62.5 37.5 5.6 35.43 32.60 174 4.67 16.67 448.45 6.3 5.9 6.60
41.47 37.5 4 41.45 26.00 135 3.25 12.67 466.64 6.3 7.2 6.40
62.5 37.5 4 38.29 36.31 181 4.17 16.53 436.78 6.4 7.2 6.50
62.5 37.5 4 39.12 32.80 178 4.56 16.89 445.34 6.89 7.3 6.70

Table 1: Experimental runs and actual values of factors used in central composite rotatable design.

Results and Discussion

The present study was carried out for the optimization and the effect of these juices on nutritional and functional properties of blended juice. This was based on the physico-chemical (antioxidant activity, total phenol and vitamin-C), textural (viscosity index, consistency and cohesiveness) and sensory (colour, flavour and overall acceptability) characteristics of the blended juice.

Proximate nutritional composition of optimized blended juice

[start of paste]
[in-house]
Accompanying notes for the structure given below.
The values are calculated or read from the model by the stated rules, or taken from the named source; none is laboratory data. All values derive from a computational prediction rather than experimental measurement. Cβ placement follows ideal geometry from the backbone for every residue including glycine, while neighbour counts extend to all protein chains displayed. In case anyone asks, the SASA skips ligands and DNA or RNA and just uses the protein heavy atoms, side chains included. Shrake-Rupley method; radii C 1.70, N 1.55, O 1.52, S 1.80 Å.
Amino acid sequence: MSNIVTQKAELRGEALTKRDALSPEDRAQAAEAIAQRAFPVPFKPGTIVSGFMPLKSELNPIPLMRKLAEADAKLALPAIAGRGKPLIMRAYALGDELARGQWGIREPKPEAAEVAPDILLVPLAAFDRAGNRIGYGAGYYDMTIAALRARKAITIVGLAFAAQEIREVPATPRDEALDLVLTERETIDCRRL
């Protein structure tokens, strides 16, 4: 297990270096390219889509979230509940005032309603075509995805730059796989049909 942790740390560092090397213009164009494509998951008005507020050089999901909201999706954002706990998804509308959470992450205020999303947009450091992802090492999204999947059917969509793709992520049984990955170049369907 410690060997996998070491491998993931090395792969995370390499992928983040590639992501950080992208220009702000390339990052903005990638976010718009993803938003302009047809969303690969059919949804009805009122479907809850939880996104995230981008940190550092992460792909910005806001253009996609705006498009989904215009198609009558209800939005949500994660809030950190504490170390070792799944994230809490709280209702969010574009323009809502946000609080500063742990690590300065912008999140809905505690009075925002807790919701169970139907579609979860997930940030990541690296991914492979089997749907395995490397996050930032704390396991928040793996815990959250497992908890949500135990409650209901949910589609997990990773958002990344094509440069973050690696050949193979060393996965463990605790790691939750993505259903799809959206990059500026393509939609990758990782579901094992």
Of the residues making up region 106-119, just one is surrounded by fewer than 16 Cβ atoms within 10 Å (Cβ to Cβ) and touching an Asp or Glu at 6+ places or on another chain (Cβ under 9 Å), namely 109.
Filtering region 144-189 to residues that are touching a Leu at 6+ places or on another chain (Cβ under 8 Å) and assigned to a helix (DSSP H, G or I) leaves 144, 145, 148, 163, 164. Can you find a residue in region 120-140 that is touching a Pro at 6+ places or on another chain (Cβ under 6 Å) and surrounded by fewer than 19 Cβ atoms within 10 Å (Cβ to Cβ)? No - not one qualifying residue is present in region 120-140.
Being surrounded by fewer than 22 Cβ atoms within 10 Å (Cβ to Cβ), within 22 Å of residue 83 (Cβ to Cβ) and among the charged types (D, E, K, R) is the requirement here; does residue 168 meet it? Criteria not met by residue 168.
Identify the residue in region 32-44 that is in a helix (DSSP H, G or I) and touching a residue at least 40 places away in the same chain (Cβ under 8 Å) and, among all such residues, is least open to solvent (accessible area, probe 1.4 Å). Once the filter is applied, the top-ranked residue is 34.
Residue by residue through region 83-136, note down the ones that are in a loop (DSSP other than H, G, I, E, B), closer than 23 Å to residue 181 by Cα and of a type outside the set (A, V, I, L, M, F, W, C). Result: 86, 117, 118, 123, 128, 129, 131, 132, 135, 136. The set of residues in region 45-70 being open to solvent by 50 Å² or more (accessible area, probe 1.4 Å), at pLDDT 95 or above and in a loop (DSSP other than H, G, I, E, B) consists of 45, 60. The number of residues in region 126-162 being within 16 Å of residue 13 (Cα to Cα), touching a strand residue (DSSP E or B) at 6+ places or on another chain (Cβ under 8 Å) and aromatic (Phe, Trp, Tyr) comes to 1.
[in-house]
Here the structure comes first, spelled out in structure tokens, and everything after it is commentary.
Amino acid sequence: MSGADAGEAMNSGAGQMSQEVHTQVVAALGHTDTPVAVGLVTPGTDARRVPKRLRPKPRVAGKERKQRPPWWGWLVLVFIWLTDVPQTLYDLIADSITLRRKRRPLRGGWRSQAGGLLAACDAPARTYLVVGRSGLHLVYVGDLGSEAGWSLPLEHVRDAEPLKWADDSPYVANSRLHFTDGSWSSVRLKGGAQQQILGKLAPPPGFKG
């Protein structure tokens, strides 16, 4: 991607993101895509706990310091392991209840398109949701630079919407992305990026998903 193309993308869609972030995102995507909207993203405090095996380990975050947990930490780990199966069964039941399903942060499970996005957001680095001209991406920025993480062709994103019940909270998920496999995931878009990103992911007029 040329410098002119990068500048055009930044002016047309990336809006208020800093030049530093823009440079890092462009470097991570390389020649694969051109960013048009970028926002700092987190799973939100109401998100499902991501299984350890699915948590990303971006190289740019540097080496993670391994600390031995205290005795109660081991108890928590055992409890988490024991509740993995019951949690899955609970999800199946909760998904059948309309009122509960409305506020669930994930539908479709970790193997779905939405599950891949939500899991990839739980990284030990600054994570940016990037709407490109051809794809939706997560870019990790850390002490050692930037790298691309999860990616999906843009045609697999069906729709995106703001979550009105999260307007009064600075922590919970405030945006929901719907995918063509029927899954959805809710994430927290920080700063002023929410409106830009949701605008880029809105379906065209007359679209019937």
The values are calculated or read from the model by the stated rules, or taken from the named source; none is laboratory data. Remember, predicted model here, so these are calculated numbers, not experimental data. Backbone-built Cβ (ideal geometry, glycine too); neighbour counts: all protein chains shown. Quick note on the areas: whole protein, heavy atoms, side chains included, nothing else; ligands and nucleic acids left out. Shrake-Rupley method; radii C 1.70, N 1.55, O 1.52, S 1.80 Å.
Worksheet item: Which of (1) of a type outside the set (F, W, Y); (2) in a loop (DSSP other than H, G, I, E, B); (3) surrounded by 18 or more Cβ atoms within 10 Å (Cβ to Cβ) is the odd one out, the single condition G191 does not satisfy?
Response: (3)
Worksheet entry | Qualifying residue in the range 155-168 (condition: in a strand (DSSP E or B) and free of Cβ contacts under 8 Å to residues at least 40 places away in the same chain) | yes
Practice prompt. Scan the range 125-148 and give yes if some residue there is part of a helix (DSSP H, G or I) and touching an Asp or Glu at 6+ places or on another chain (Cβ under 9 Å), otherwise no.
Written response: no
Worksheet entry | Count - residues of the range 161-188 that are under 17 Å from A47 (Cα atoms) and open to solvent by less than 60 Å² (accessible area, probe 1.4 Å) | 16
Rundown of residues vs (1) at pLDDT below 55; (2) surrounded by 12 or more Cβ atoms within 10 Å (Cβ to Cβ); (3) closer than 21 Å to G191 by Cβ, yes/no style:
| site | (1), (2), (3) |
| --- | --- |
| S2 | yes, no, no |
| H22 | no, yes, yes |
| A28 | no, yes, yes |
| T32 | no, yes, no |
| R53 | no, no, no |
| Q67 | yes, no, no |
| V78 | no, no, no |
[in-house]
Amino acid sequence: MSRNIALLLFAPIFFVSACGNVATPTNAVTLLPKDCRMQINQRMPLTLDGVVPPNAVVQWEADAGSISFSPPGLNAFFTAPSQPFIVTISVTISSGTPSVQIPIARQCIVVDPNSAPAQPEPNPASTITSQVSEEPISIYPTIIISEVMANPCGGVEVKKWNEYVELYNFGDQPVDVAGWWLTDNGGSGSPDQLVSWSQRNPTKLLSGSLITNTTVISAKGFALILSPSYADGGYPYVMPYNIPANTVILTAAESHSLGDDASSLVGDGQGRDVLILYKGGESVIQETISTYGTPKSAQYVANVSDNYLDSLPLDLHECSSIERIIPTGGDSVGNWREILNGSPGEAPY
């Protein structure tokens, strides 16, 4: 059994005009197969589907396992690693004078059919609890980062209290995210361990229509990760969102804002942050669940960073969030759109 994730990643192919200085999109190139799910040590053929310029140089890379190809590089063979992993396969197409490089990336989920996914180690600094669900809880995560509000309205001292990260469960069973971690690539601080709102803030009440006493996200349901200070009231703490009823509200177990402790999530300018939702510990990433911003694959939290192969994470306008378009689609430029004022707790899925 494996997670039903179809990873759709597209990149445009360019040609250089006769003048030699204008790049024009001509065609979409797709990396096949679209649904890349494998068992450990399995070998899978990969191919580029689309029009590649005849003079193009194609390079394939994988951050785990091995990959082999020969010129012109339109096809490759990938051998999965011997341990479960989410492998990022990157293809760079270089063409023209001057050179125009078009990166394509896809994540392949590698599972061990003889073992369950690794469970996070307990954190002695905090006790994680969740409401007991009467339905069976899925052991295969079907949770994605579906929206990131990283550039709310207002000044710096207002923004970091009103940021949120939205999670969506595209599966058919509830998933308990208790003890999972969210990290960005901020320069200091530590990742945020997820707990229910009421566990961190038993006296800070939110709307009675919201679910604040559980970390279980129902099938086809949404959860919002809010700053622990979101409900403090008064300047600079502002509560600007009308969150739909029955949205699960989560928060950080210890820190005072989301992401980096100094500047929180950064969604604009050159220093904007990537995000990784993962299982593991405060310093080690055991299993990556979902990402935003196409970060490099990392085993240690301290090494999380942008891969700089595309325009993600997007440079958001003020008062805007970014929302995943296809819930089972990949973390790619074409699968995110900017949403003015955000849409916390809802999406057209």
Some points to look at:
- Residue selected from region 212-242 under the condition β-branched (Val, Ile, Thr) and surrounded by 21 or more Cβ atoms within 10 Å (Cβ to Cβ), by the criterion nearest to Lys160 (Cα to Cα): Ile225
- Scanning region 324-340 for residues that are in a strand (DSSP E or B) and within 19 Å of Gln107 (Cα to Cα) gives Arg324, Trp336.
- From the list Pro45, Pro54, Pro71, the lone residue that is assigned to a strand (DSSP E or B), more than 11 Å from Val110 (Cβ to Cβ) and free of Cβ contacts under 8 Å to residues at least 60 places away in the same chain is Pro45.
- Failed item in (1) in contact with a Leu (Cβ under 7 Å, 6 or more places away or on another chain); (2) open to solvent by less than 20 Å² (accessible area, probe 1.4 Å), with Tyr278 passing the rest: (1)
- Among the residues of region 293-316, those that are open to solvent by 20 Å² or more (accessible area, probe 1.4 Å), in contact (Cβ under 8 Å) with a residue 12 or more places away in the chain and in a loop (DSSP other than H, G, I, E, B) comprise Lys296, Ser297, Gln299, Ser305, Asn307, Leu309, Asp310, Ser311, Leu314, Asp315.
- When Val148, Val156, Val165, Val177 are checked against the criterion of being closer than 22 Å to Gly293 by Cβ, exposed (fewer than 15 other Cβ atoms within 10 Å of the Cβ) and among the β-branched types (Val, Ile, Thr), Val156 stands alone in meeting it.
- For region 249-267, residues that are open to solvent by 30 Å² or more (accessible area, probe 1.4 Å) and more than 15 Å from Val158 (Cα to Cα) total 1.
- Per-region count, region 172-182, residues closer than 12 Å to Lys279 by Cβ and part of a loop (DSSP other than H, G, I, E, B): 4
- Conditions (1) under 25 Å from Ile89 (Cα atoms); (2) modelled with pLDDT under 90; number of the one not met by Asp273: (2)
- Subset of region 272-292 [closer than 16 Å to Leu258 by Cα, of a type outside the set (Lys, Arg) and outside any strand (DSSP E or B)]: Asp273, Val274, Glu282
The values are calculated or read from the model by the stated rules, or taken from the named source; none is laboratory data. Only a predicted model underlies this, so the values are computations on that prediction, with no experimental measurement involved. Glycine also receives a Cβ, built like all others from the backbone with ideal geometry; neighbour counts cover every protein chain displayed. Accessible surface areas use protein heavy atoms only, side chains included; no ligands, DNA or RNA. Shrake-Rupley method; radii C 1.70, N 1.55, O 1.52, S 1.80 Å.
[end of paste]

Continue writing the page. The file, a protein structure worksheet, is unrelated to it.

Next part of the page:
The nutritional quality of juices were improved with the blending of pomegranate, orange and ginger juice. The average contents of antioxidant activity, total phenol, vitamin-C, total sugar, fat, protein, moisture, ash, potassium, calcium and magnesium contents of the blended juice were 41.23%, 195 mg/100 ml TAE, 39.42 mg/100 ml, 8.3%, 0.8%, 1.5%, 85.05%, 0.58%, 2380 mg/L, 65 mg/L, 126 mg/L, respectively.

Effect of process variables on physico-chemical properties of blended juice

Antioxidant activity: The quadratic equation obtained by the response surface analysis (RSA) of the data showing the effect of pomegranate juice (A), orange juice (B) and ginger juice (C) is as follows:

Antioxidant activity=31.65+6.08 * A-2.17* B+0.18 * C+0.22 *A * B-1.19* A * C+0.28* B * C+2.16 * A2+0.038 * B2+0.76 * C2 (2)

where,

A=pomegranate juice ; B= orange juice ; C=ginger juice.

The coefficient of determination (R2) was 0.92. The "Pred R-Squared" of 0.68 was in reasonable agreement with the "Adj R-Squared" of 0.85. "Adeq Precision" was 14.22 and greater than 4, which is the desirable value indicating an adequate signal. Antioxidant activity of the blended juice was found to be in the range of 25- 47% DPPH inhibition (Table 2). The quadratic model for antioxidant activity was found to be significant (p<0.05).